Russian President Vladimir Putin stated publicly on Tuesday, June 25, 2013 that Edward Snowden was indeed present in Russia but that Russia would not be arresting him, nor would they detain him for extradition as per request of the United States.

ecuadorasylum 300x171 Russia allows safe passage for Edward Snowden   calls U.S. demands ravings and rubbish

Since Snowden’s initial leaks on the NSA’s Prism program and further information on the U.K.’s data mining programs, he has been a top priority for arrest by the U.S. government .  The U.S. also accused both China and Russia for assisting Snowden and for ignoring the requests to have him extradited.  Both nations have called the U.S. accusations baseless and insulting.

While on a recent trip to Finland and speaking openly at a press conference, Russian President Vladimir Putin called the U.S. demands for extradition nothing more than “ravings and rubbish”. “I myself would prefer not to deal with these issues,” Putin said during a press conference. “It’s like giving a baby pig a haircut: there’s a lot of squealing, but there’s little wool.”

After a couple days of speculating where Snowden might be, Putin confirmed that the former NSA employee turned whistle blower was in the transit area of Moscow’s Sheremetyevo airport.  Putin said that authorities would not be holding him for any reason but did say that the sooner he left Russian soil, “the better it would be for us and for himself.”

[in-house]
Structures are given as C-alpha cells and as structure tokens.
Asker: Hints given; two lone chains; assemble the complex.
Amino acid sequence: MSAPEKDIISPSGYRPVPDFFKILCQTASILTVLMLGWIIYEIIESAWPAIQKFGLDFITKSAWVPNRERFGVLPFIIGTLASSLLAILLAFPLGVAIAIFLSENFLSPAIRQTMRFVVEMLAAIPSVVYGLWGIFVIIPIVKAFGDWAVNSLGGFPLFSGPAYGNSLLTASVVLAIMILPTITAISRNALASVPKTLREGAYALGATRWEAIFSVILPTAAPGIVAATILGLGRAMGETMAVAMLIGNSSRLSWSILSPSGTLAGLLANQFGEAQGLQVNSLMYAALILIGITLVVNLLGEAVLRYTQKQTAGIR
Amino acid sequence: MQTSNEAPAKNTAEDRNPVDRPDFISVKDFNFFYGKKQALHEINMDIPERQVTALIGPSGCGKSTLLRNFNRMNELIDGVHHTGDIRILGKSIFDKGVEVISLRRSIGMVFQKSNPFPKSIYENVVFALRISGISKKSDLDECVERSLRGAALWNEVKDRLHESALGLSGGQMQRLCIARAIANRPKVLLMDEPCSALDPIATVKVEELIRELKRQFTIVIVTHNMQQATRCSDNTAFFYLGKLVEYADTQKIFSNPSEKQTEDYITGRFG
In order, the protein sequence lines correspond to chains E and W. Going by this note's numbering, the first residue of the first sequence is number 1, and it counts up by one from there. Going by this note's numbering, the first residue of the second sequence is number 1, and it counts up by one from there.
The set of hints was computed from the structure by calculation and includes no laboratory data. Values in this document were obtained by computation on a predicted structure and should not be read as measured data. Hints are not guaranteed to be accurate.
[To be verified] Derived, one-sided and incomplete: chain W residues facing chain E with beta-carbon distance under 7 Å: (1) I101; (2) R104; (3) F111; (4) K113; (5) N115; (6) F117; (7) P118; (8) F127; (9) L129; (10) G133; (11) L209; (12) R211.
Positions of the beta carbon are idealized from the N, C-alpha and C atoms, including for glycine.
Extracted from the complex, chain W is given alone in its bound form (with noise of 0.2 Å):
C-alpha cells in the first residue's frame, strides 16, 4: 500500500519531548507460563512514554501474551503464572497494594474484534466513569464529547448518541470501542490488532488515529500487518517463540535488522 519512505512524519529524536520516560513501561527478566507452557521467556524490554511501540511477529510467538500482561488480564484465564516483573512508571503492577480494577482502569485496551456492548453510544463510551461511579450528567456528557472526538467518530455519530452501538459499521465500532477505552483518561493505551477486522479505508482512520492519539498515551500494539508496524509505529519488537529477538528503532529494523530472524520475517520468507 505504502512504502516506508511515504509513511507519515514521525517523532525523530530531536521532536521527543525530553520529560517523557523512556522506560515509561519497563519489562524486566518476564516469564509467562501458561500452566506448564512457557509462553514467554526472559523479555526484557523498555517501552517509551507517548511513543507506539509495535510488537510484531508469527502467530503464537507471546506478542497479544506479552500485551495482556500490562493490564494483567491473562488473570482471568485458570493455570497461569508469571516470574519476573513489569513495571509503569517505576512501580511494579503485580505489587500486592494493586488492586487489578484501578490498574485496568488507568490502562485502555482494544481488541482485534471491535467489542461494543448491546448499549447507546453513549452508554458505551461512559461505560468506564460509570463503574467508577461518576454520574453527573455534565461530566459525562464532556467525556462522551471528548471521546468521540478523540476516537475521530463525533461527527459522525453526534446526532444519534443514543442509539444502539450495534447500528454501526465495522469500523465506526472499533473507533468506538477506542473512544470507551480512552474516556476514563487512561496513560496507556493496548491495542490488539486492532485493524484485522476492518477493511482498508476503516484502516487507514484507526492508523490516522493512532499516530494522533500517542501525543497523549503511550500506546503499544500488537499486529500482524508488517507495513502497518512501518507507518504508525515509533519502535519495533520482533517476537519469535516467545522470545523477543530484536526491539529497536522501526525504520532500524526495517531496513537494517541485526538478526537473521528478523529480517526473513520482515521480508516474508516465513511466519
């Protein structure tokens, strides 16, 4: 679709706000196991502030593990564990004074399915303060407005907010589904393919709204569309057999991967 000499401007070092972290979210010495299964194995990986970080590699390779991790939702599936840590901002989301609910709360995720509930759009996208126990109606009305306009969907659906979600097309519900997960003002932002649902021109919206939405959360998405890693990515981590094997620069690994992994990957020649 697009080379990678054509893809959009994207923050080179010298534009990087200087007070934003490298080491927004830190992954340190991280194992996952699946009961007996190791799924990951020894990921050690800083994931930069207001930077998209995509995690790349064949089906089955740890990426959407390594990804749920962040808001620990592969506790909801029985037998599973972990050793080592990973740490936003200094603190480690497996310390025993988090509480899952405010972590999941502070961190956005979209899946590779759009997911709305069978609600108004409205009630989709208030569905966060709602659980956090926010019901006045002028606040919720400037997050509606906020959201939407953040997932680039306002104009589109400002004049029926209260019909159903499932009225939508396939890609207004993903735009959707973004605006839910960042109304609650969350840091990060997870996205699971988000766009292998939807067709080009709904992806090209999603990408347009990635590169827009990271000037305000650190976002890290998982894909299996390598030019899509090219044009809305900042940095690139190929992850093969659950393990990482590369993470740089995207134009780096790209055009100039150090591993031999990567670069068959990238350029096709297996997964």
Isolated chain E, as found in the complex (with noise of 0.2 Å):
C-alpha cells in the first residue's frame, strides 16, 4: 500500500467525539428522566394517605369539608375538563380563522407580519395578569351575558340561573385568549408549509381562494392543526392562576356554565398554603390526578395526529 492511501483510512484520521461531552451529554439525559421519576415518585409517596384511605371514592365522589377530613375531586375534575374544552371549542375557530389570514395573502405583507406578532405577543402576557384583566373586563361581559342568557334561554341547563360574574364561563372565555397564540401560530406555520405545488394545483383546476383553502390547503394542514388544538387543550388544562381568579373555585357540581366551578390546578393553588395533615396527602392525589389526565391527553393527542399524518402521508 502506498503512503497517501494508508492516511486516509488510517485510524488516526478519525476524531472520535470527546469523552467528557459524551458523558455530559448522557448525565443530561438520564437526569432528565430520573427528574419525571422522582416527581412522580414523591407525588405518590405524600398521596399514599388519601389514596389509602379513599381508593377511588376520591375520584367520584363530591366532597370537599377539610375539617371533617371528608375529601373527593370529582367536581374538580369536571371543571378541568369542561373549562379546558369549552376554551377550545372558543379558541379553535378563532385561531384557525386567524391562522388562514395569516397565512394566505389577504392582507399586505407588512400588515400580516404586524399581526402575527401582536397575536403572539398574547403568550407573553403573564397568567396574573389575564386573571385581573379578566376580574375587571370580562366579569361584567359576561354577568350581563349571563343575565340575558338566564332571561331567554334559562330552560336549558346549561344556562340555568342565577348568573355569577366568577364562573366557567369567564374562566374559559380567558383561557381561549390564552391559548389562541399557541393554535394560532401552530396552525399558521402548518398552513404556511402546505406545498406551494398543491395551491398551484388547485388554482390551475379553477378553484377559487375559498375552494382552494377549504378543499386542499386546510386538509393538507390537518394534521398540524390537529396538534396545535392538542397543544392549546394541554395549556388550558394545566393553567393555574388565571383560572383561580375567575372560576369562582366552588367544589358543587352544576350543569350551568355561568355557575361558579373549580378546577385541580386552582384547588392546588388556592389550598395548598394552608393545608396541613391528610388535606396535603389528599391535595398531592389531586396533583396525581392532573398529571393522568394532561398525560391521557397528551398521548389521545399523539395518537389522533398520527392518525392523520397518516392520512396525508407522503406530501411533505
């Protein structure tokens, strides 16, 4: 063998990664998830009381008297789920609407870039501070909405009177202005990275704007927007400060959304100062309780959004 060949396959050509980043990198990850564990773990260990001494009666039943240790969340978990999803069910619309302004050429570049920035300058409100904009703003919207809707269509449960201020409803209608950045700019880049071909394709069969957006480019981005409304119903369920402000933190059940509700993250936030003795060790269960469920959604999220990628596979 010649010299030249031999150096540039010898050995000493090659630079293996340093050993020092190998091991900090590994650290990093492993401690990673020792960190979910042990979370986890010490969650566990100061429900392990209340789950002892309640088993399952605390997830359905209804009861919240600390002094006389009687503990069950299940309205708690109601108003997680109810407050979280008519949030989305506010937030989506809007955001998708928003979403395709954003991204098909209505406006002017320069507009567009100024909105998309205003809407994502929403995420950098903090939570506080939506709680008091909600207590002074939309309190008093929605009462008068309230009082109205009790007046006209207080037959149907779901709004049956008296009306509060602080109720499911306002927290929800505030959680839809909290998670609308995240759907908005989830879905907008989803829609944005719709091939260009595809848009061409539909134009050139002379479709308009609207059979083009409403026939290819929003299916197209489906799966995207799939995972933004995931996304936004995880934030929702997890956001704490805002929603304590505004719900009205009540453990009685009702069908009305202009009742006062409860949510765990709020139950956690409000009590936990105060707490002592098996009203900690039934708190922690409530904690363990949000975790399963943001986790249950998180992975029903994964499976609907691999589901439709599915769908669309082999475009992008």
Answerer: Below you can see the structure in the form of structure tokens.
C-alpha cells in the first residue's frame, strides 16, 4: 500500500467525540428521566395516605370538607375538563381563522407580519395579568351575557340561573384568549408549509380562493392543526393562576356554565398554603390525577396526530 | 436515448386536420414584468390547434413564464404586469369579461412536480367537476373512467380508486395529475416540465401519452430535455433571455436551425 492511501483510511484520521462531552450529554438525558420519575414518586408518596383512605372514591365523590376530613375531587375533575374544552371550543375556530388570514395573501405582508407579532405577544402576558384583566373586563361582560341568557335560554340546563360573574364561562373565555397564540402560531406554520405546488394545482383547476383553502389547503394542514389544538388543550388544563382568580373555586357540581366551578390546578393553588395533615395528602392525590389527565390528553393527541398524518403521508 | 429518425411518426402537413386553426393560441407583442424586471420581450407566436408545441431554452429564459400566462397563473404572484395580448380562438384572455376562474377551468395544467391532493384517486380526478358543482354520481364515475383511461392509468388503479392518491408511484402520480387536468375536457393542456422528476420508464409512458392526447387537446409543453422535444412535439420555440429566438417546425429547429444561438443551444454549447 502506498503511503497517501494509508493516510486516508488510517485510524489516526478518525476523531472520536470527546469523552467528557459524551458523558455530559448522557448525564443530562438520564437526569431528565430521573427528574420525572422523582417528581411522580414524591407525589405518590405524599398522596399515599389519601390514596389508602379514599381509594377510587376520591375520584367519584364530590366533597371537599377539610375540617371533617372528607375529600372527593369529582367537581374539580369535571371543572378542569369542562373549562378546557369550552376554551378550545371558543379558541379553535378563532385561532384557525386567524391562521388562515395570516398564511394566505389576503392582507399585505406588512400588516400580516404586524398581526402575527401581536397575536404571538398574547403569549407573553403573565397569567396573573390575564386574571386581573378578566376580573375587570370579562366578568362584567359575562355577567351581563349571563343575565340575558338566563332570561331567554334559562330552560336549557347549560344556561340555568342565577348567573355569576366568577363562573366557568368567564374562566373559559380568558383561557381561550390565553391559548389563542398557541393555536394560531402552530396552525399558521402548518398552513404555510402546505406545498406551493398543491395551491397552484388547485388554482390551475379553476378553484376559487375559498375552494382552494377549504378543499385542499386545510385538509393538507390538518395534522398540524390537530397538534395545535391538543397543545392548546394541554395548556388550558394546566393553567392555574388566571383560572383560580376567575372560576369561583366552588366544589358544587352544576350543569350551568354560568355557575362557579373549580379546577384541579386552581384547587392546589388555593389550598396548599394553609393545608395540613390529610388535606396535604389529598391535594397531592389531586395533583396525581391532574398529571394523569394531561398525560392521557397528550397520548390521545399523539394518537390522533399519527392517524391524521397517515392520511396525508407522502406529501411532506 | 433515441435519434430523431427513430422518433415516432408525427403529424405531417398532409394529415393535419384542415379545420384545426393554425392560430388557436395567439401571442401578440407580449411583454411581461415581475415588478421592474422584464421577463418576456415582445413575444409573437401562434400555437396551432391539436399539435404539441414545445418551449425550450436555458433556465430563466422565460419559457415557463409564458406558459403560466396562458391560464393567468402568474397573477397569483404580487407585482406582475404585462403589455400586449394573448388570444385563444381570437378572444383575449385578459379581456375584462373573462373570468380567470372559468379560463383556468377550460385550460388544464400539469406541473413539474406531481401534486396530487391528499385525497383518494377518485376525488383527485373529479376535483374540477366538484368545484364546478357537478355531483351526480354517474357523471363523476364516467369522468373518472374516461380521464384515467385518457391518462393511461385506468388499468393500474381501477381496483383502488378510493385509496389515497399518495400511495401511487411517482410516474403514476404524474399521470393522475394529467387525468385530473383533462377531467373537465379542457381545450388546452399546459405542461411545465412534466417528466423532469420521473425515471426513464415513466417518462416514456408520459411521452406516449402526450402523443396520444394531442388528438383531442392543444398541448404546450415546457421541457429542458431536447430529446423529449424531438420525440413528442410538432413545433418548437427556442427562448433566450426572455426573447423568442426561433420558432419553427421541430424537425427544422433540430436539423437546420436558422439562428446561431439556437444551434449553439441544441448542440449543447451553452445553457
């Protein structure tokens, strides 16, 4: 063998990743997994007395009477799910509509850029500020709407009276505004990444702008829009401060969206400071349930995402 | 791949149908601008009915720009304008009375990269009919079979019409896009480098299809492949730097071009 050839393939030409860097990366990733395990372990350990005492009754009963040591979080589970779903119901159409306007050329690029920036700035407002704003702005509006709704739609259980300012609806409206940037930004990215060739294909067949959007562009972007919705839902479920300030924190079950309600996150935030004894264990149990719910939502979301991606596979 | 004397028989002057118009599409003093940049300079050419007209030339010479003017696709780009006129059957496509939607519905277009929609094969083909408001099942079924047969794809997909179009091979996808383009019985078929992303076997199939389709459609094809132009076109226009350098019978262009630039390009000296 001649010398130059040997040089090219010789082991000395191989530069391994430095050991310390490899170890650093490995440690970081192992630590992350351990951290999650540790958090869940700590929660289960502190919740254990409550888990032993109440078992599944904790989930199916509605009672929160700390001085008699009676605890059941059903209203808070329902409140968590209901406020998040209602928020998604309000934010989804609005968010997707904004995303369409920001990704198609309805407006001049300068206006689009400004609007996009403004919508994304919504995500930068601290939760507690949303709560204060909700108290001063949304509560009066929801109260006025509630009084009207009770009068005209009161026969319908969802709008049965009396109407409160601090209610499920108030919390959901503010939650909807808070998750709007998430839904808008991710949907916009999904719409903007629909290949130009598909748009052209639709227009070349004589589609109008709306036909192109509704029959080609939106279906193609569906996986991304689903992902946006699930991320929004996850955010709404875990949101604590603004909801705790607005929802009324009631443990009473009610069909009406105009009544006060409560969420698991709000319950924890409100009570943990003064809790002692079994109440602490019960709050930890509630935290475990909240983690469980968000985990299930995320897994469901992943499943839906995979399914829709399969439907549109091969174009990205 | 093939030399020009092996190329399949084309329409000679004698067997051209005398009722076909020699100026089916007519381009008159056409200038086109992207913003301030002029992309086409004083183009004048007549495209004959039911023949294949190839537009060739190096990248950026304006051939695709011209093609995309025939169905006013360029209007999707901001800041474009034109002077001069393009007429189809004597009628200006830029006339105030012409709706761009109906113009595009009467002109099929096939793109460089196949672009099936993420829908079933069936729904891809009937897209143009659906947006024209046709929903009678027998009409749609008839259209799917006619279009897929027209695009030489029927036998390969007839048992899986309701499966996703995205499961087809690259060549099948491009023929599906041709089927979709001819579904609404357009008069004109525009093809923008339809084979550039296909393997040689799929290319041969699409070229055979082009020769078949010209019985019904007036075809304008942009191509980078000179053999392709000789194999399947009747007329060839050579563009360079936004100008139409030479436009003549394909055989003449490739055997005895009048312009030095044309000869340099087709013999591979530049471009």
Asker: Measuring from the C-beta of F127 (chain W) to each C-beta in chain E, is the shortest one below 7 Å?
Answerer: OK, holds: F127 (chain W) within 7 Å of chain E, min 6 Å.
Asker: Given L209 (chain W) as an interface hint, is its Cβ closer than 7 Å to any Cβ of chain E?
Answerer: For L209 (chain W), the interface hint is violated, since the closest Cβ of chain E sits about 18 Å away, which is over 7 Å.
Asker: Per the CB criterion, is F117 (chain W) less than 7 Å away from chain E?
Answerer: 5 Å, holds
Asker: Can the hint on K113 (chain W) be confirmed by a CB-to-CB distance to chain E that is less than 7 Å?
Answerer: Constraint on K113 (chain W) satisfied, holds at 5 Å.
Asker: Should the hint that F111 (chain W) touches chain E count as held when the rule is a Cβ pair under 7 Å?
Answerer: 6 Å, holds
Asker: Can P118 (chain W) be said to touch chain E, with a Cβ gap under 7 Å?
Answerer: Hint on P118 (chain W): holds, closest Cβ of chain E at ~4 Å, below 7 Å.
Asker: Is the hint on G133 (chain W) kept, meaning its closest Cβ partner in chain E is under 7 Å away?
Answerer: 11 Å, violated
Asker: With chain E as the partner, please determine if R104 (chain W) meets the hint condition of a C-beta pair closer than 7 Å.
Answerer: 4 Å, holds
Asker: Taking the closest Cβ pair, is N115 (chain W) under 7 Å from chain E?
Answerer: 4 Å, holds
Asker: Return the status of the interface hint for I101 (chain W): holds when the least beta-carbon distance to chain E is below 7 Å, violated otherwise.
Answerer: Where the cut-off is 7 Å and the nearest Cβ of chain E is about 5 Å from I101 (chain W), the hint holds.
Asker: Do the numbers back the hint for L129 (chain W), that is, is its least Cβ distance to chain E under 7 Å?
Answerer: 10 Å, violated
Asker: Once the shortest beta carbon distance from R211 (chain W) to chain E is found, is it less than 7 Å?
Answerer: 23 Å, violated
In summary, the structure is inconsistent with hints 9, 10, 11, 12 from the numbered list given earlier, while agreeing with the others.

U.S. Secretary of State, John Kerry, had only harsh words for Russia for not holding Snowden for extradition, and while he has admitted there was no such extradition treaty with the country, that were still “standards of behavior between sovereign nations”.

Wiki leaks representatives have confirmed that their attorney’s were assisting Snowden, and that he applied for asylum in Ecuador since leaving Hong Kong and was accepted. Currently, he is traveling with a refugee document of passage as provided by the South American country of Ecuador.